Caribou

Emily Boyle uses her thick and cunning diction to enhance her unique and vivid imagery of a twisted relationship in her poem Caribou.

He, a practiced piper

Poked holes in my windpipe

Teased notes of seduction

From this homemade flute

Caught you with a butterfly net

Weaved from my hair

And locked you in my ribcage

The bone splinters keep you

Still

Check the back alley dumpster

His drive­through graveyard

Take his leftovers

I

Am his leftovers

Give him my skull

So he’ll stop asking for head

He never looks down anyways

Wrap yourself in my hide

To mask your scent

Between subway rides

And under park benches

When he asks for your tongue

And he will ask for your tongue

Cut out mine

Keep yours locked behind

Teeth stained yellow and red

Empty my stomach of the acid

Forced down my throat

Swallowed by bruised lips

Fashion a drawstring pouch

Tie it shut with braided ligaments

Run

In case he catches up

Pull the pins out of my ovaries

Don’t forget to throw

Before they explode

Into ovum shrapnel

That scared him more than me

Bind his wrists with my small intestine

After the explosion

Set fire to the kindling that was my hair

Carve the fat from my chest

Marinate it in the remnants

Of my menstrual blood

And make him swallow

By Emily Boyle

Emily Boyle lives in Beaver Island, Michigan, and attends Interlochen Arts Academy as a senior. 

Art by Jules Ventre

Town

In her winning piece for Parallax’s Horror Contest, Eleonora Beran-Jahn takes us into the world of a mysterious small town where the night brings more than just the moon out. Also congratulations to Hannah Hardy whose art won first place in the Visual Art – Parallax Halloween Horror Contest.

This is a town whose colors crawl from the shadows
Of nicks and corners.
Dust rolls up
The encapsulating outer walls of the town every other Tuesday,
The walls are 100 feet tall and there is no wind here
Ever.
Peter and Lee are getting married
In the Jonsons’ inn on the west side of town:
Date, unknown.
I have never met Peter, Lee or the Jonsons,
Nor have I ever been driven to count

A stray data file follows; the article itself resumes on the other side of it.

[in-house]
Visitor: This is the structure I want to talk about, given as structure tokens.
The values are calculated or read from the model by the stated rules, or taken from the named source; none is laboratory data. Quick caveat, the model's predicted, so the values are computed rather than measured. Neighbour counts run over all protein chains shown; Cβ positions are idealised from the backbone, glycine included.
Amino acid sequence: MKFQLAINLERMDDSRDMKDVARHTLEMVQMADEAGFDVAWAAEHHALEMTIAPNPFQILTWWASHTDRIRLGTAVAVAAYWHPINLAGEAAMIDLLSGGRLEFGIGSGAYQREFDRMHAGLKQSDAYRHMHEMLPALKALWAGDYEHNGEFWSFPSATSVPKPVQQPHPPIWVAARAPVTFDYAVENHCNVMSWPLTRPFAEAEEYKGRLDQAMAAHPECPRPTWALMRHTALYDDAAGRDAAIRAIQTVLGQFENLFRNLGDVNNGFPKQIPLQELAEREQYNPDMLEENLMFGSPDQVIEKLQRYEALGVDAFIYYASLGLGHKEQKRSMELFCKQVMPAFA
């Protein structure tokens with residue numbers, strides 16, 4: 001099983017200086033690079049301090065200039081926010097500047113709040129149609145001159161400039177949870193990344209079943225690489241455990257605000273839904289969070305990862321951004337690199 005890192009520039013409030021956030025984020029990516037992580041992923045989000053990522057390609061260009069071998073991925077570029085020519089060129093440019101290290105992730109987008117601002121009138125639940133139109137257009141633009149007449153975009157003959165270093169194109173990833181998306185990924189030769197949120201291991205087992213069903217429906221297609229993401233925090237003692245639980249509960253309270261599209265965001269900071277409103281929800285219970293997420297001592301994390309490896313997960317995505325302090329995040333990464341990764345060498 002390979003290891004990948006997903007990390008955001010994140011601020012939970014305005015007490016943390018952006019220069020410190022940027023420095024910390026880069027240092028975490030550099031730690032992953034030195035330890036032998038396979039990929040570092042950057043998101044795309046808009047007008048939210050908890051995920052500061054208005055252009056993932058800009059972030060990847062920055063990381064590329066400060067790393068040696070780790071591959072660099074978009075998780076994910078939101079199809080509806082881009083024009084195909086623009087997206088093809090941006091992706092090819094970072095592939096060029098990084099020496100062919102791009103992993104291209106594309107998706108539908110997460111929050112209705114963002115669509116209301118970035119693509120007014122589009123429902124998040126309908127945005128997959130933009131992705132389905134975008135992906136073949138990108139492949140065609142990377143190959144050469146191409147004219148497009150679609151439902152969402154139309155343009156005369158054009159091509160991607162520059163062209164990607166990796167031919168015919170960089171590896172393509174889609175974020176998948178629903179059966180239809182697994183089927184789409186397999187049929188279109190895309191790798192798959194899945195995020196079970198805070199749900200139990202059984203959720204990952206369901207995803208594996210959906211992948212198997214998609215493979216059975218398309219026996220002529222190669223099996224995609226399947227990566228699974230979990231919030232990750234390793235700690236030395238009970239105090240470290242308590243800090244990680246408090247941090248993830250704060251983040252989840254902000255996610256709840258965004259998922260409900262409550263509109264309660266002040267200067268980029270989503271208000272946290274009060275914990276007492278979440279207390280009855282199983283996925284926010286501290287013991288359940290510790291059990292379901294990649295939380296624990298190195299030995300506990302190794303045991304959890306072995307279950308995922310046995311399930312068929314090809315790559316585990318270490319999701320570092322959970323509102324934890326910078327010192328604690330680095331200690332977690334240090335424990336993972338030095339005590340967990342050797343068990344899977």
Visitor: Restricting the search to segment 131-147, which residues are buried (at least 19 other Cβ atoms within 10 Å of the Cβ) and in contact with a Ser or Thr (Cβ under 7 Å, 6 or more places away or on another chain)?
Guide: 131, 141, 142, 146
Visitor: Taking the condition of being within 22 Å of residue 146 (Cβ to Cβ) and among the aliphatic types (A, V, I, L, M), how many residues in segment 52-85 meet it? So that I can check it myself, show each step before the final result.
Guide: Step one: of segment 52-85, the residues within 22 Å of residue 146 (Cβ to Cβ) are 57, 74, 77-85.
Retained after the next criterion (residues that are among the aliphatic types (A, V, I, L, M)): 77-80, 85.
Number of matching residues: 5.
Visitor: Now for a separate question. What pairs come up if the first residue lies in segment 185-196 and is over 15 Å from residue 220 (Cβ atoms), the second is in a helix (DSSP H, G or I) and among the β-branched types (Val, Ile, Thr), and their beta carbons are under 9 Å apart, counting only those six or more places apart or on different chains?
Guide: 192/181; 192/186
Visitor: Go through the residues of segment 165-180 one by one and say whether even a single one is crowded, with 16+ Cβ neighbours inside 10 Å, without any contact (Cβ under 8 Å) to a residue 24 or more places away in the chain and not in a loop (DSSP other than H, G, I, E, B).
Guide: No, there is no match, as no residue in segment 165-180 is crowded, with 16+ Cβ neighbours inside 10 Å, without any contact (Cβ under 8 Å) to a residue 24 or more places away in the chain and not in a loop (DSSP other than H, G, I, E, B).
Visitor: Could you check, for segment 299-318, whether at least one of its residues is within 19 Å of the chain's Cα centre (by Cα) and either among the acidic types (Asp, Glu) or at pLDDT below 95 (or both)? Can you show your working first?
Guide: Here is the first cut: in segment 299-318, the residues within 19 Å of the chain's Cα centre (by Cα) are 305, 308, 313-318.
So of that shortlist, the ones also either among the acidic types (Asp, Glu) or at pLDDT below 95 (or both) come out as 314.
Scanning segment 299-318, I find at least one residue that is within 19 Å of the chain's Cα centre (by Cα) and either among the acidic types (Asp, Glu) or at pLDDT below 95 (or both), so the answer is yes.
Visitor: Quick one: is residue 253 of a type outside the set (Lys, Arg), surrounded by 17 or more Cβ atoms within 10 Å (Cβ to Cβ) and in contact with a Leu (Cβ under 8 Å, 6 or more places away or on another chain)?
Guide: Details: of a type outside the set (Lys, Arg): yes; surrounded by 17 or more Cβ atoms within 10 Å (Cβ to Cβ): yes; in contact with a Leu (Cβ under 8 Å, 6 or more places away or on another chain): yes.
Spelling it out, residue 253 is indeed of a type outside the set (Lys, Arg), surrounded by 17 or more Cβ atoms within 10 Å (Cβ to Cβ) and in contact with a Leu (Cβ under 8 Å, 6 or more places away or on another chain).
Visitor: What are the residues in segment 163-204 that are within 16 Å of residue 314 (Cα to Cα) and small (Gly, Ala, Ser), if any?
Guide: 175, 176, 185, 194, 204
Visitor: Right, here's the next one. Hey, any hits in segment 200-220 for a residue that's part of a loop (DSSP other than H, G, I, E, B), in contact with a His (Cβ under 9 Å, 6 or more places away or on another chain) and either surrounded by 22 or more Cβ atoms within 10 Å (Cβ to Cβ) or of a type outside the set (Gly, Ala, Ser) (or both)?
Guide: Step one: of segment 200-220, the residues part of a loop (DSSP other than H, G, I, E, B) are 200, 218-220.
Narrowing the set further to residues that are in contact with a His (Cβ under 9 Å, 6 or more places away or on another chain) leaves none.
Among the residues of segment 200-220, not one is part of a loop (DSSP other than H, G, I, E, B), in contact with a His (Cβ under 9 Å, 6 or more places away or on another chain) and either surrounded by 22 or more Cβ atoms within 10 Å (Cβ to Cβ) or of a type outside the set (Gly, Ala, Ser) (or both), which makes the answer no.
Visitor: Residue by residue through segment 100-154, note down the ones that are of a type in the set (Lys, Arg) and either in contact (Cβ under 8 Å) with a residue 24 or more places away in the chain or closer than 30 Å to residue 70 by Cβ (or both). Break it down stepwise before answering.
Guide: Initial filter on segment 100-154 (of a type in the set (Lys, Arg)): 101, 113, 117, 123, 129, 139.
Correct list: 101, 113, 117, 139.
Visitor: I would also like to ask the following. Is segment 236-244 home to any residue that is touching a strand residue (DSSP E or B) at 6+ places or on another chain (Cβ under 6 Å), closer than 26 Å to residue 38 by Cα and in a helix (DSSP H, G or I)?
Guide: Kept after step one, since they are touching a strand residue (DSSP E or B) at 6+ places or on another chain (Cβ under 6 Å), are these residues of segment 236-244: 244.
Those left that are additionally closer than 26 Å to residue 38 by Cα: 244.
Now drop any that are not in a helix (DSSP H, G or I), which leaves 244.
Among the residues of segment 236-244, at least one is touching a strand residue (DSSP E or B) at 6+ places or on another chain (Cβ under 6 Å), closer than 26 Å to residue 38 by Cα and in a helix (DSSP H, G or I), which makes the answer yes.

The number of rocks that make up the city’s walls.
The graveyard is very beautiful
When the sun peeks through the angry gray brushstrokes
That people call clouds,
All of the flowers are the same color.

The town holds a meeting every year
To determine how many people live
Within our protecting walls,
I do the headcount, the number is always
25.
No one really knows
What their neighbor’s face looks like;
No one really cares
To try and paint portraits around here.
There are just as many alchemists
As there are mercenaries in this place,
There is no jail,
And both services cost the same.
The Jonsons open the inn at 7 am and close at 12 am,
Just in time to prevent Richard from walking in
Pushing an empty stroller.
The bar is open 24/7.

Scratch that,
There are 26
People in this town,
James lives down in the well,
He gives us water and we breathe him air.
The church’s people have had to move the chapel
12 feet East every year
To make more room for the cemetery.
Its been 70 years since I tried to leave this place,
I am the sheriff,
Business here is slow, the undertaker gets more business than I do.
There are always 26 people,
Everyone else
Never stays “around” for long.

Sometimes I can hear ‘everyone else’ sing,
Their monotone pitch of pain gives roses their rose.
It is January when they gain strength
And melody turns into the screeching
Of nails drawing against wood.
It must be beautiful what they do
In their tortured years bellow the dirt.
Once James murmured me to help them,
He said their noise was making him cold.
I told him I couldn’t
For shattered throat moans are not considered my jurisdiction.

By Eleonora Beran Jahn

Artwork by Hannah Hardy.
“Self Portrait,” Parallax Horror Contest Winner